This would mean that the early puberty itself is not causing the cancer, but the just have the same risk factor – which Biro describes as an ‘association’.
Sandler agrees that this is a possibility, but it is too early to tell what the actual link is.
‘It’s possible that there are shared factors that increase the risk of both early puberty and cancer,’ she said.
‘Unfortunately, we still don’t know very much about what factors are associated with early puberty. We need more research on factors that occur early in life that could potentially influence the timing of puberty and cancer risk.’
Biro says the same, adding that research into this topic is still in fairly early stages. Further research will need to find what exact biomarkers, if any, identify a girl as at higher risk for going through puberty, and suffering from cancer later in life as a result.
What parents can do to protect their children – both before and after an early puberty
The question of precocious puberty remains unanswered for the most part. What exactly causes it, and if the problem even exists at all and is not just a result of demographic changes, remains unsettled.
While there is belief that it is tied to cancer risk later in life, research into the topic is still limited and non-definitive.
More studies, more research, and more papers will be written at the academic level tackling the topic, and it could be decades before the medical intelligentsia figures out what is going on.
In the meanwhile, rates of precocious puberty are increasing. Young girls are going through this process earlier than expected, and dealing with devastating short and long-term consequences.
Newton says that any families worried about precocious puberty because there is a family history of it – or one of its risk factors like mental health issues or breast cancer, should make changes to their daughter’s diet.
High fat foods, junk food and sugars should be replaced with healthier options – general advice that applies to all children.
Soy-based food should be dumped as well, including milk, tofu and some meat replacements.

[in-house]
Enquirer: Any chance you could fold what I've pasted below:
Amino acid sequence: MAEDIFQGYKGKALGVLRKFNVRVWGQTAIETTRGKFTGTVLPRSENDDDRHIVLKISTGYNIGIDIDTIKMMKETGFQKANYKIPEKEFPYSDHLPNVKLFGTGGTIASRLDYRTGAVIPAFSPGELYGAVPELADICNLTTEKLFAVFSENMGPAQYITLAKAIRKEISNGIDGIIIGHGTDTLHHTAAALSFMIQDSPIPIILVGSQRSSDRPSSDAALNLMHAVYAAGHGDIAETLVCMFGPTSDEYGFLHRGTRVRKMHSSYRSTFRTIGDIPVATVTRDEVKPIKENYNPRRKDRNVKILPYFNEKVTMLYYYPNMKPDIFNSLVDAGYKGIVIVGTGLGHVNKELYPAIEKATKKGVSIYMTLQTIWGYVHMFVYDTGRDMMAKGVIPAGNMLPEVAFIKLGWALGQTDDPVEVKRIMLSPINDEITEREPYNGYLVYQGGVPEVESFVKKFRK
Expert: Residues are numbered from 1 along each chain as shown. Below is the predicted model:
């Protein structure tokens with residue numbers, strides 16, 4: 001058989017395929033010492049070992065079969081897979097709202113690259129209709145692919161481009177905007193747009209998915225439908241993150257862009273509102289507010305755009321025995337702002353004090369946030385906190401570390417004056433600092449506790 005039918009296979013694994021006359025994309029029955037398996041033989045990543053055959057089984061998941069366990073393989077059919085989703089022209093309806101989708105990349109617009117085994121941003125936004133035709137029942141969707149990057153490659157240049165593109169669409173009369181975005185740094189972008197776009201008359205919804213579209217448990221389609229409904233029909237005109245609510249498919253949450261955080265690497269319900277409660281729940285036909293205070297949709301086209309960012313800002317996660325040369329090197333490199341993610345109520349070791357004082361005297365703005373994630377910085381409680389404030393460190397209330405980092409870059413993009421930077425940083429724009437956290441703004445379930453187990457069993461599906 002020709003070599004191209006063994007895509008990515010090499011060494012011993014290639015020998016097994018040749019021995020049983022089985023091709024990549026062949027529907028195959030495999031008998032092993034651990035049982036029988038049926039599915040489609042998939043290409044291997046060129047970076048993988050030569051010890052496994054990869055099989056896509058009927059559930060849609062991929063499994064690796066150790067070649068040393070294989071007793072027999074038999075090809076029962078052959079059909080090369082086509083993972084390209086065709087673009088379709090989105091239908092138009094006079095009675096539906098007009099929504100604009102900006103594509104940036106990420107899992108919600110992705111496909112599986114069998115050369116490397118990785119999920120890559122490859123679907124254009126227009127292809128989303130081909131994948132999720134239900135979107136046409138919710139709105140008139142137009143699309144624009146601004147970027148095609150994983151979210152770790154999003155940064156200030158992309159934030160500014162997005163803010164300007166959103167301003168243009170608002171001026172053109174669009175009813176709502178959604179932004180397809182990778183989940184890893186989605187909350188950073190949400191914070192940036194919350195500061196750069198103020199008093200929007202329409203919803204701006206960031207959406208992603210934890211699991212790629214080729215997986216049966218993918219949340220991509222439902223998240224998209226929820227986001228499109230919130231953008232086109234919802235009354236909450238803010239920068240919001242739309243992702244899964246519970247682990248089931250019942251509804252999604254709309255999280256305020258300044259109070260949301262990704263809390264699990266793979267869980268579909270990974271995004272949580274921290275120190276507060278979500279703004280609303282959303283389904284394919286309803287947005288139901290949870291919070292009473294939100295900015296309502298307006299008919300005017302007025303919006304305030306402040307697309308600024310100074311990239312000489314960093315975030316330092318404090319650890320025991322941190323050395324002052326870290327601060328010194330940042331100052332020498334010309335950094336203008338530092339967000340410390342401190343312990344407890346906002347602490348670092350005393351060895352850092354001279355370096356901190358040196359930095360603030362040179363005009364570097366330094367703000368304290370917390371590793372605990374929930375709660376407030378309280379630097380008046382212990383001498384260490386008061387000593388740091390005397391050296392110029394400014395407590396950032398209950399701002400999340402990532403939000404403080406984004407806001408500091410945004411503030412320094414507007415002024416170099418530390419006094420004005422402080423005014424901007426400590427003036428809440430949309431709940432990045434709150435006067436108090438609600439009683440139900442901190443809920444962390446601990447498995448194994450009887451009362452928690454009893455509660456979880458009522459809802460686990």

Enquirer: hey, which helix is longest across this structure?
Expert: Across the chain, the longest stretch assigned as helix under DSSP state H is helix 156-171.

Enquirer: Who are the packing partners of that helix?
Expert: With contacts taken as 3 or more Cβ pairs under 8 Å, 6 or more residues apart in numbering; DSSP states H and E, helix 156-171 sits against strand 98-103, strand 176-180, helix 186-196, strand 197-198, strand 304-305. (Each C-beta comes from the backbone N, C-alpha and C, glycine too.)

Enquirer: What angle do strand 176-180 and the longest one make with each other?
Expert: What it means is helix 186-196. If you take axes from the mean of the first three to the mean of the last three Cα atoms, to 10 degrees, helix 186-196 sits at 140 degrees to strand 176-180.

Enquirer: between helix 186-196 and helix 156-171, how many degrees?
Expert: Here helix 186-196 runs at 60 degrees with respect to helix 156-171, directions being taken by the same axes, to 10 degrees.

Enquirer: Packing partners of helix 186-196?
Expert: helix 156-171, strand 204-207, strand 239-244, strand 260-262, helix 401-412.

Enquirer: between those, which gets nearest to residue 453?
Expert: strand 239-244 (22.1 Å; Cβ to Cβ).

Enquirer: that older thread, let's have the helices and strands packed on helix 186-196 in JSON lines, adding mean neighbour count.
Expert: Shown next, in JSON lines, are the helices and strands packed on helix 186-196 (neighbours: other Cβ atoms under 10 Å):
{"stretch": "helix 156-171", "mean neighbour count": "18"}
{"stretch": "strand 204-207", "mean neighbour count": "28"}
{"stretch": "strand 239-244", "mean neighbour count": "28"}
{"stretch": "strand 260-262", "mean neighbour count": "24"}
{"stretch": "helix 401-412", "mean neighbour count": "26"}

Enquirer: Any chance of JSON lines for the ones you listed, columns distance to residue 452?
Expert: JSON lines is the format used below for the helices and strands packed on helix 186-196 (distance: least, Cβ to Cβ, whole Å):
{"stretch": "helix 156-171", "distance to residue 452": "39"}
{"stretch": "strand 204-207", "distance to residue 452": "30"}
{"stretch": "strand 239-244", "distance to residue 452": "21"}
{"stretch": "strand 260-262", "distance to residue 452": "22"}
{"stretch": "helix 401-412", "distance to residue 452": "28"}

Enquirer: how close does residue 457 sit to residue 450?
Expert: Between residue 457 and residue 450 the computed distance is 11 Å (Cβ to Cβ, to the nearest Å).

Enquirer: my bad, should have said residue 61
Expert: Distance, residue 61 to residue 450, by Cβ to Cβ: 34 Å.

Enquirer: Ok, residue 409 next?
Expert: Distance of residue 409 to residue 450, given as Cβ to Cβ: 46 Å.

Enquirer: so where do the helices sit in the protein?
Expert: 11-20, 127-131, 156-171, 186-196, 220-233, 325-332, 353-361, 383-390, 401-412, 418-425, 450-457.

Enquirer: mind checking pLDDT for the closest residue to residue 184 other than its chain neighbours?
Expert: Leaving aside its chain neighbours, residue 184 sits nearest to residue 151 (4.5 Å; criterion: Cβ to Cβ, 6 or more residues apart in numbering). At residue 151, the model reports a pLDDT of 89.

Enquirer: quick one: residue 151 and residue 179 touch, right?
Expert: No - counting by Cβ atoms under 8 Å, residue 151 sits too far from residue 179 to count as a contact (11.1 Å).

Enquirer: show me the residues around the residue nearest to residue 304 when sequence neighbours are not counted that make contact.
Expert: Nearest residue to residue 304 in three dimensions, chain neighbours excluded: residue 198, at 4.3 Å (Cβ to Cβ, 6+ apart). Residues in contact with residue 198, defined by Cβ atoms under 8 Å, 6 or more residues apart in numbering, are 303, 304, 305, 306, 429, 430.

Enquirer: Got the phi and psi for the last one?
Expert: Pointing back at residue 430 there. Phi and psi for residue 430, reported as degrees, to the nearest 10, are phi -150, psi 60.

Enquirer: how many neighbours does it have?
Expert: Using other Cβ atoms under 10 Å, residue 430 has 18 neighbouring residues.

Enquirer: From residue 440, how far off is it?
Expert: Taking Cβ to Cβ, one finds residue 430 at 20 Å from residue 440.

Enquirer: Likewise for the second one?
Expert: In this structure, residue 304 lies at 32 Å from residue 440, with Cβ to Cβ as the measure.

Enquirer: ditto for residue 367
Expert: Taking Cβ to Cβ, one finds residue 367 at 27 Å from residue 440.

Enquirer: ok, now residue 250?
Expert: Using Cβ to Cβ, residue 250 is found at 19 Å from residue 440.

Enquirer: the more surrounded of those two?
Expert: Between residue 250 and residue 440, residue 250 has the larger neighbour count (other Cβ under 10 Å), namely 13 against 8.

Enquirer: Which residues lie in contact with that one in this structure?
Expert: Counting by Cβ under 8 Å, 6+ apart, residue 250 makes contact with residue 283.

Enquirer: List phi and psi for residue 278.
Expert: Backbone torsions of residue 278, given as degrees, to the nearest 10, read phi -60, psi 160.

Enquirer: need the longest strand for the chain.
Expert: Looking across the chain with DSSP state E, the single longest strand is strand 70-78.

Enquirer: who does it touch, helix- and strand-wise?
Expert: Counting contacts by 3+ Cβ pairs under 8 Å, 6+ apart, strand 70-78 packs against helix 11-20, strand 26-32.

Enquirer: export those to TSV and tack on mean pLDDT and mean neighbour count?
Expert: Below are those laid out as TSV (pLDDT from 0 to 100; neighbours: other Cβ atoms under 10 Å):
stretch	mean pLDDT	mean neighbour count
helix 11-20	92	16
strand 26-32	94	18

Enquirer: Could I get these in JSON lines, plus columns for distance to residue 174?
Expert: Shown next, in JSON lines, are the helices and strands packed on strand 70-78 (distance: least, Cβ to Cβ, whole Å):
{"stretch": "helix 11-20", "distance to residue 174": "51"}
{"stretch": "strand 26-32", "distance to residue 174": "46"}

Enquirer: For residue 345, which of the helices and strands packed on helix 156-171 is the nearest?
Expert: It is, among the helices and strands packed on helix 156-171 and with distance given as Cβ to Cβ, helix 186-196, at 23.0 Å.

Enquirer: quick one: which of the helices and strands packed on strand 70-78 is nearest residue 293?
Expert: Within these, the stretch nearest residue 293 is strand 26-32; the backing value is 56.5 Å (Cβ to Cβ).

If a young girl begins to show early signs of puberty, she recommends taking the child to a pediatrician, and even a pediatric endocrinologist like herself and asking about puberty blockers.
There are ways to manage early puberty, experts say. Newton recommends puberty blockers to potentially delay it to a more standard time. Hinshaw says that parents can help their daughters manage the stressors that come with it, and make sure to keep their daughters mental health in check (file photo)
While the drugs may have earned a bad reputation from serving as a center-point in the trans-debate, their original use was to limit precocious puberty, and the potential negative effects that come with it.
Their effects are not permanent, and once a child lets their blocking treatment lapse, puberty will just continue as normal.
If a young girl is starting to feel the early effects of puberty at an extremely early age like six or seven, a few years of blockers could push it back to a more standard time.
Hinshaw believes that some systemic changes need to be made as well in how we view young women, and the messages we send them throughout their lives.
Most importantly, they should be allowed to understand that no one is perfect, and that its ok.
‘The pursuit of relentless perfection is really going to put girls at risk,’ he says.
Changing rigorous school grading to be less harsh to young people whose brains are still developing, and even shifting some classes to a pass-fail system instead of the typical grading scale could be of use.
Girls are also not getting enough sleep in young ages either, as the ‘triple bind’ has many skipping on rest to keep up appearances, complete tasks around the house and keep their grades up as well.
Not getting enough sleep every night puts a girl at a higher risk of developing depression or anxiety.
Hinshaw also explains that people who do not receive enough sleep at night also generally have negative thinking patterns.
‘What often happens is a girl tends to internalize why [problems in her life are] her fault,’ he said.
Combine these factors with the bullying and increased hostility from their peer groups, and early puberty can lead to torment for some young women.
Parents should be active in their child’s life, and make sure to regularly check in with them emotionally and mentally to make sure things are ok at school, in the home, and in other peer groups.
This will require children to first trust their parents, Hinshaw explains, so they should allow their kids to have boundaries and maintain privacy.